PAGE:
by Janine Carrington

So the question has been put out there: What do we do to honour those who have gone before us?

August 16th 2017: Enter me.

I am what I call a Comicographer or a comic biographer. A comicographer is an artist that illustrates people’s lives by way of comics. So when I read this question I took it to mean what do we, in the year 2017, do differently in this regard with a special emphasis on the words 2017 and differently. I am fascinated by life stories and I believe every life is phenomenal and everyone has a story. When this topic came up I was on the brink of answering this very question. My father, Martin Daniel Carrington, died almost exactly two years before the call for submissions for this issue. When I heard about this call I was just about finished working on the first of many projects designed to honour the deceased. So my response was easy. To honour the one who had gone before me, I had created a thirty page graphic novel called Carrington.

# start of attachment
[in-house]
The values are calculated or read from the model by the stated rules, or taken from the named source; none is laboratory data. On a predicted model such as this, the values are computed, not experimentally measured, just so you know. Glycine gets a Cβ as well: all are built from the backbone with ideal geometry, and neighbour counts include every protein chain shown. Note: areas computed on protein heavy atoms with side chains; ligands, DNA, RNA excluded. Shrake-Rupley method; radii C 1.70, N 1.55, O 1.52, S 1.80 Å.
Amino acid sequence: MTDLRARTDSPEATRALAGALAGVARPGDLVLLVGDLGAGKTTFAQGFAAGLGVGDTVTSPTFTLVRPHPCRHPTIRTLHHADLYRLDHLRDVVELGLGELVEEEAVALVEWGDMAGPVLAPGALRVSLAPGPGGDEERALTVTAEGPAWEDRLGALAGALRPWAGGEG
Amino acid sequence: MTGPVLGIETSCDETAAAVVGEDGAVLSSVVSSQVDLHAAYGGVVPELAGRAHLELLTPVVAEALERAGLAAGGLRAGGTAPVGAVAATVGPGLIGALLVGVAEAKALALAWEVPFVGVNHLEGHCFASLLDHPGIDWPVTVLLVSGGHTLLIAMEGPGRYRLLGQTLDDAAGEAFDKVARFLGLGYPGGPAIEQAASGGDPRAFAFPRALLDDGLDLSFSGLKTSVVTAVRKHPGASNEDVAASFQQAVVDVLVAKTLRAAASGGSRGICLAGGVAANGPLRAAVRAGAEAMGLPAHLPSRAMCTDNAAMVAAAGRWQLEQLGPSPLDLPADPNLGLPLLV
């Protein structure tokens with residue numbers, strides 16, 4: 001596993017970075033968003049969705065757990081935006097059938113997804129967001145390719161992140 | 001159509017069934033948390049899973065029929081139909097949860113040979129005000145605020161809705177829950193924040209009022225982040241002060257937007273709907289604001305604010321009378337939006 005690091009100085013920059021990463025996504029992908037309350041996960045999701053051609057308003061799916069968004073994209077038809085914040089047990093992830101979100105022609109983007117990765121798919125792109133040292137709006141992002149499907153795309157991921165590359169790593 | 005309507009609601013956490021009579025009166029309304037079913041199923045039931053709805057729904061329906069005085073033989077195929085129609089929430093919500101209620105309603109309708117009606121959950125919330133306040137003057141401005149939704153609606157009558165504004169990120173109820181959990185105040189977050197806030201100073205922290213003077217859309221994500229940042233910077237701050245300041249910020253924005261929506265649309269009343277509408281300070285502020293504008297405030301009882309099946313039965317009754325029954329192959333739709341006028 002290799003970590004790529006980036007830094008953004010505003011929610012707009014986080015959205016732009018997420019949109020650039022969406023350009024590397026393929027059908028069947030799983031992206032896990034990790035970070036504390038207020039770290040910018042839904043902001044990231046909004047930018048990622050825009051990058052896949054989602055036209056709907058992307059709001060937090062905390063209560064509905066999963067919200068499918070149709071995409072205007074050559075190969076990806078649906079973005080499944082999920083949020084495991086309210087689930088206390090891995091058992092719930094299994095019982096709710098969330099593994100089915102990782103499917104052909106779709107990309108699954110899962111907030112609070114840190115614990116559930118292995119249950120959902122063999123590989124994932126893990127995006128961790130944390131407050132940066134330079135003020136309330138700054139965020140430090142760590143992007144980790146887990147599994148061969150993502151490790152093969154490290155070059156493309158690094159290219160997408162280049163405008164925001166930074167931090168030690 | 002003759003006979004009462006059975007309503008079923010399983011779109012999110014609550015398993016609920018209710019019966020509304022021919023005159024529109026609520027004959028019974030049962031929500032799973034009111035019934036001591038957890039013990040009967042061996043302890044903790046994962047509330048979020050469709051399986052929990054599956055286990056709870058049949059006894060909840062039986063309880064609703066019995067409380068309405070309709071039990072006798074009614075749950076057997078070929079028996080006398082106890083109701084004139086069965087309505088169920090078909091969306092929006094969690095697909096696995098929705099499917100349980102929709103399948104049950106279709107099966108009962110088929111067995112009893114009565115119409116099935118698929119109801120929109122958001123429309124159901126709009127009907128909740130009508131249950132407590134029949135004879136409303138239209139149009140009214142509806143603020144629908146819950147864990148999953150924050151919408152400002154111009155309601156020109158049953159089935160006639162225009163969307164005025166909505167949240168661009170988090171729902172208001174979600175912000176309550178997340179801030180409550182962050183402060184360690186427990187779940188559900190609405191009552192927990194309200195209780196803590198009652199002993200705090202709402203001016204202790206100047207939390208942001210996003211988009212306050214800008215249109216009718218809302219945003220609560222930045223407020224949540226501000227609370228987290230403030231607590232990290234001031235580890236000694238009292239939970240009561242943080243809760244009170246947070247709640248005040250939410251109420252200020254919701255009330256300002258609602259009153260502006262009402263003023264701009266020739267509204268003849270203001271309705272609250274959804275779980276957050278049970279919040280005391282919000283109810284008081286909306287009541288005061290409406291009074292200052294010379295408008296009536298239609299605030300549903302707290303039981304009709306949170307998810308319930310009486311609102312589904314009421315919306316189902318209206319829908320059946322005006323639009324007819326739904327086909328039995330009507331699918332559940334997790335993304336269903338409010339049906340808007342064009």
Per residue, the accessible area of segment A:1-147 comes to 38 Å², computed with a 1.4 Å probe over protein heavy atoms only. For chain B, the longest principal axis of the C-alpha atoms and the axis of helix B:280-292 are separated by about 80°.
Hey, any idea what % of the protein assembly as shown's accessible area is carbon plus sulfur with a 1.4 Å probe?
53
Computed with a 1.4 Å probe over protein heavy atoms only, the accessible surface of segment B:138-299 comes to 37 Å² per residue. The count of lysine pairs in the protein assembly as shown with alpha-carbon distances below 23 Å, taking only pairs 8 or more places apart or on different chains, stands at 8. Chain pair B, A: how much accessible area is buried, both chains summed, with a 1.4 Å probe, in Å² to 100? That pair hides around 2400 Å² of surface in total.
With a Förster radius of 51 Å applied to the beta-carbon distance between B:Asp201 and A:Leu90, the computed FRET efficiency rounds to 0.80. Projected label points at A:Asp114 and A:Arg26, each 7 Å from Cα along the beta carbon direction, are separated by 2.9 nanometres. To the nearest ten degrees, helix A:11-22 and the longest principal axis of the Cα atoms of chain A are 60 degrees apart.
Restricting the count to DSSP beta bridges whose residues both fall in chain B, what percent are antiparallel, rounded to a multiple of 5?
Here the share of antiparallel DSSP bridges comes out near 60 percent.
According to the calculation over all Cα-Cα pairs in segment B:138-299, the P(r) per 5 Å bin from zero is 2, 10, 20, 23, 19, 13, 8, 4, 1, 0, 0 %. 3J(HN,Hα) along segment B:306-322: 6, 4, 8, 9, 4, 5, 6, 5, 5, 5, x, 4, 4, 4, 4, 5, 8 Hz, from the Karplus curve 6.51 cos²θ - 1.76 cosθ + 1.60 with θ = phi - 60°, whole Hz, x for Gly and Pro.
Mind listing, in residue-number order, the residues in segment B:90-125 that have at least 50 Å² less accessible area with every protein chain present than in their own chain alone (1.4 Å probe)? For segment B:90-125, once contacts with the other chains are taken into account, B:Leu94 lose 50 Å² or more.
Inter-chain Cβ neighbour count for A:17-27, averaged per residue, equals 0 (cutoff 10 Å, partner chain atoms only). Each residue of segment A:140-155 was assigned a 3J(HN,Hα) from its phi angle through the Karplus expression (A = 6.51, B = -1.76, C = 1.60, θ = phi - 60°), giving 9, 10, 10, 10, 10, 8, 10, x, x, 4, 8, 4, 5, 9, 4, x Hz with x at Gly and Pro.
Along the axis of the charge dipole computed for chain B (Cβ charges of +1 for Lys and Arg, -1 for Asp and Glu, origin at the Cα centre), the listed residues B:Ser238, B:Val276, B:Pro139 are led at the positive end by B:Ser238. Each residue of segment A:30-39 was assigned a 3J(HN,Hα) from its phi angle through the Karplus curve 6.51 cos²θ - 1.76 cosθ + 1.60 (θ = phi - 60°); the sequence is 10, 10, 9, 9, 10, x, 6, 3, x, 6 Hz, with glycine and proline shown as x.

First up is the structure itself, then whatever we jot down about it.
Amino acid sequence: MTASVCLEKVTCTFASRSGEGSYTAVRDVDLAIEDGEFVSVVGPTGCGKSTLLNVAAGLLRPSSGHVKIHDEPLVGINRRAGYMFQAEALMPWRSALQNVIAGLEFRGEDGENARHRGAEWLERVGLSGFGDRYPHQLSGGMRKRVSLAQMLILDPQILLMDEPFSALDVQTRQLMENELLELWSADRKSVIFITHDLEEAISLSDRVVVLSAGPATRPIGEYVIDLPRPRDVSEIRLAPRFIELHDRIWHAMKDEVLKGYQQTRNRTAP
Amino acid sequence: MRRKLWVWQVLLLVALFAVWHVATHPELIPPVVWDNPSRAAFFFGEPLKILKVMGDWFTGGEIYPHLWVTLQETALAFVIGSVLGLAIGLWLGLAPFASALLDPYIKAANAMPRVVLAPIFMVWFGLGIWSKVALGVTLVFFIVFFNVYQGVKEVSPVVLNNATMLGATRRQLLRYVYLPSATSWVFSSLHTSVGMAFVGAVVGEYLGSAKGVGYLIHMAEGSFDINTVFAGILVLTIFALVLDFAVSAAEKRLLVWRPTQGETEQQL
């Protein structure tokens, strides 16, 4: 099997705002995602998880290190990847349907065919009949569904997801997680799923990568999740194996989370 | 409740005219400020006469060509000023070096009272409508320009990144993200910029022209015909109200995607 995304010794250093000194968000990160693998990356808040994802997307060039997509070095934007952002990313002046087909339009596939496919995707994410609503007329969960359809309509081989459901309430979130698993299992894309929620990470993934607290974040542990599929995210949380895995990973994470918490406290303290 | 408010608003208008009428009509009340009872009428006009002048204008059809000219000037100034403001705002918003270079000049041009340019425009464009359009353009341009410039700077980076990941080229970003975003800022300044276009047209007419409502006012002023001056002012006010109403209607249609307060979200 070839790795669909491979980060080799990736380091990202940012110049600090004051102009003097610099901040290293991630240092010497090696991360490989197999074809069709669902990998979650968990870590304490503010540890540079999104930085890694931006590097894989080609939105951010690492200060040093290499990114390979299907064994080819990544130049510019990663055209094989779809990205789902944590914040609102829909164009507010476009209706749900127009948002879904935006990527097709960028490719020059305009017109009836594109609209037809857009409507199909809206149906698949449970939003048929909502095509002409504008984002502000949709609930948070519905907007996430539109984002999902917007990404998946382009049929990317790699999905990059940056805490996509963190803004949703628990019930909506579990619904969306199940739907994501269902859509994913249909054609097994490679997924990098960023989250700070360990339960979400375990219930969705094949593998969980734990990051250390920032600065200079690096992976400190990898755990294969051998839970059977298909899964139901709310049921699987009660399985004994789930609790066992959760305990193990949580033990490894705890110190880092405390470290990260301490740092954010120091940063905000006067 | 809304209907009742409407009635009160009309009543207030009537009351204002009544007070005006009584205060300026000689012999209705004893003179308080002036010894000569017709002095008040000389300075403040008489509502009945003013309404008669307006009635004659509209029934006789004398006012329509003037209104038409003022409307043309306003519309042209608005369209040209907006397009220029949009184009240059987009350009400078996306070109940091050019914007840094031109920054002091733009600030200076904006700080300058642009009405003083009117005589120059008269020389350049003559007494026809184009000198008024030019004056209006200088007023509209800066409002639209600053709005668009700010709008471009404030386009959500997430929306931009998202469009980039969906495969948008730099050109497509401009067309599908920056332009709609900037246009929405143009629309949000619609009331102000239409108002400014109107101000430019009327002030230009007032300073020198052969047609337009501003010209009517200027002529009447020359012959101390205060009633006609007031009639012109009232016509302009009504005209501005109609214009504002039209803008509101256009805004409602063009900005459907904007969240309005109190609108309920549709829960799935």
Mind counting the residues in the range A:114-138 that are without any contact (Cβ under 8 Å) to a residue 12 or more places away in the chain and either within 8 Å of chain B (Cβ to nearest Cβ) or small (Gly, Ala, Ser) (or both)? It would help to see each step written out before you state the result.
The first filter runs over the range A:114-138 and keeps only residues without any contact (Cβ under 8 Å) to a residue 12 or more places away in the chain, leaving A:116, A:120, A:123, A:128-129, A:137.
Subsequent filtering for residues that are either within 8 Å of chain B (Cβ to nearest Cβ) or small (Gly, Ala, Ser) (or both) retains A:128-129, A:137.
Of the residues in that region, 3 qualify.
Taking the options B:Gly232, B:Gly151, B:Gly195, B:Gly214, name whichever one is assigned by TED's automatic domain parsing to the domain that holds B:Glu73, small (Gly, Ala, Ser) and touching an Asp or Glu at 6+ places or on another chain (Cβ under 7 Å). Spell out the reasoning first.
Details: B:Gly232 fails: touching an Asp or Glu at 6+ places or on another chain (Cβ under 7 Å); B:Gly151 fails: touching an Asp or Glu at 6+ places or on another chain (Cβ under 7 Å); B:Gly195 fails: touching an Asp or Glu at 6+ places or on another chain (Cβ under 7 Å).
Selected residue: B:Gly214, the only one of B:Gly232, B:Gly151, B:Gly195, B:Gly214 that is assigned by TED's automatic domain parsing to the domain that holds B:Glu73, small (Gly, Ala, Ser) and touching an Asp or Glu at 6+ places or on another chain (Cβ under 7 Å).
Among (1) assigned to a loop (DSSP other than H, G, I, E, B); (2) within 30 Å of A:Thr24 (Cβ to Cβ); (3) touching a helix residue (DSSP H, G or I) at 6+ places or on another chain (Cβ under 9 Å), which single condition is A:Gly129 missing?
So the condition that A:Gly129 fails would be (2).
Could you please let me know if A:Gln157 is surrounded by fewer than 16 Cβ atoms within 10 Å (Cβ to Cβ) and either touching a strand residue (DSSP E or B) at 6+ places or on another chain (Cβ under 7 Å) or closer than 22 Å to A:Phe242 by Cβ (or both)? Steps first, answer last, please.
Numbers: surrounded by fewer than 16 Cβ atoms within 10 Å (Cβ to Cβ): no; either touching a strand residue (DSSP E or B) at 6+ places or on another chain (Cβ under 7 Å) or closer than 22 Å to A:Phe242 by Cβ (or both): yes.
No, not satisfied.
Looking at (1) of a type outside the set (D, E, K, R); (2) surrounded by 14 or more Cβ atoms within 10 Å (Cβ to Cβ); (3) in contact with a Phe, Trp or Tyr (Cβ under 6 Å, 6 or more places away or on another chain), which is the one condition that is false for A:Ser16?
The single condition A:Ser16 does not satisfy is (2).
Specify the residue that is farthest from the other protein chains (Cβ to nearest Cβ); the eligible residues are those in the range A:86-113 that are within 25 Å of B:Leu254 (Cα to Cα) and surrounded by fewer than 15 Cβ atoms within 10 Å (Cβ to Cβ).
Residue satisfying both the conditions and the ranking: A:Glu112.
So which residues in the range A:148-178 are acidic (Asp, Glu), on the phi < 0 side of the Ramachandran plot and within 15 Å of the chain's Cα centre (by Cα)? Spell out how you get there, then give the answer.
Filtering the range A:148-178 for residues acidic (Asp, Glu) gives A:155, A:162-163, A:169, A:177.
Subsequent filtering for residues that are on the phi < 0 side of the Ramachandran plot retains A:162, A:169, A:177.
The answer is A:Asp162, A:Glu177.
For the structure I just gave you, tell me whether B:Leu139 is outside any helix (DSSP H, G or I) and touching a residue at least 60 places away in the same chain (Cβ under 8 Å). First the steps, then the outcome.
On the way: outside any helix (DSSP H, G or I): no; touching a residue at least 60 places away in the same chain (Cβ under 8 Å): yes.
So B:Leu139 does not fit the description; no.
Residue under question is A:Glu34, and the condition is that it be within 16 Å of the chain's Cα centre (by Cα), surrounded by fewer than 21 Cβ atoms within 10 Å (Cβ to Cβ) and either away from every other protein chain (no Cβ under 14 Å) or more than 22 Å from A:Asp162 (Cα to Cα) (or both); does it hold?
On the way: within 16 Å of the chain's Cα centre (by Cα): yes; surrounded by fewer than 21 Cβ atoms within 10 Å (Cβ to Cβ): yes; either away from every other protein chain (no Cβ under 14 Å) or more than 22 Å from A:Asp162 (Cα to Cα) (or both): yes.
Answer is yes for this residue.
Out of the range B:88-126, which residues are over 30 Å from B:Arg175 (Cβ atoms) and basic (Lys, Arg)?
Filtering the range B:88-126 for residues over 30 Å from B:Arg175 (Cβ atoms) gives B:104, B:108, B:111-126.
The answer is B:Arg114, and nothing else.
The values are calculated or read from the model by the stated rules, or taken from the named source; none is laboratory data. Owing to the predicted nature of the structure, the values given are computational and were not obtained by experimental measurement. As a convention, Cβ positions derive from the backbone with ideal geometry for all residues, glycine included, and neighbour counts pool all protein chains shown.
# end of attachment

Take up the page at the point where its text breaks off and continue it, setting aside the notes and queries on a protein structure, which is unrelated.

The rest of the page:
The process that lead to this response begins with the reasons why I’ve chosen comics as my preferred medium. To me, the main objective in honouring the dead is to share their stories. Comics are an extremely powerful medium for sharing because they are so effective at delivering a message.

 And why are they so effective? It’s because they seem so innocent.They lure you in with this siren song of beautiful imagery interspersed with short bursts of text. In terms of reading stuff, really, what could be more pleasant than that? So, you don’t just dip a toe into these literary waters, you cannonball right in because the water looks so safe and inviting.

And the next thing you know,

Ka-BONK!

 You’ve been hit on the head and lanced through the heart with a message that you totally get right away whether you agree with it or not. And how could you not get the message? I mean, if a picture is worth a thousand words and comics are pictures accompanied by a thousand words… well, you do the math!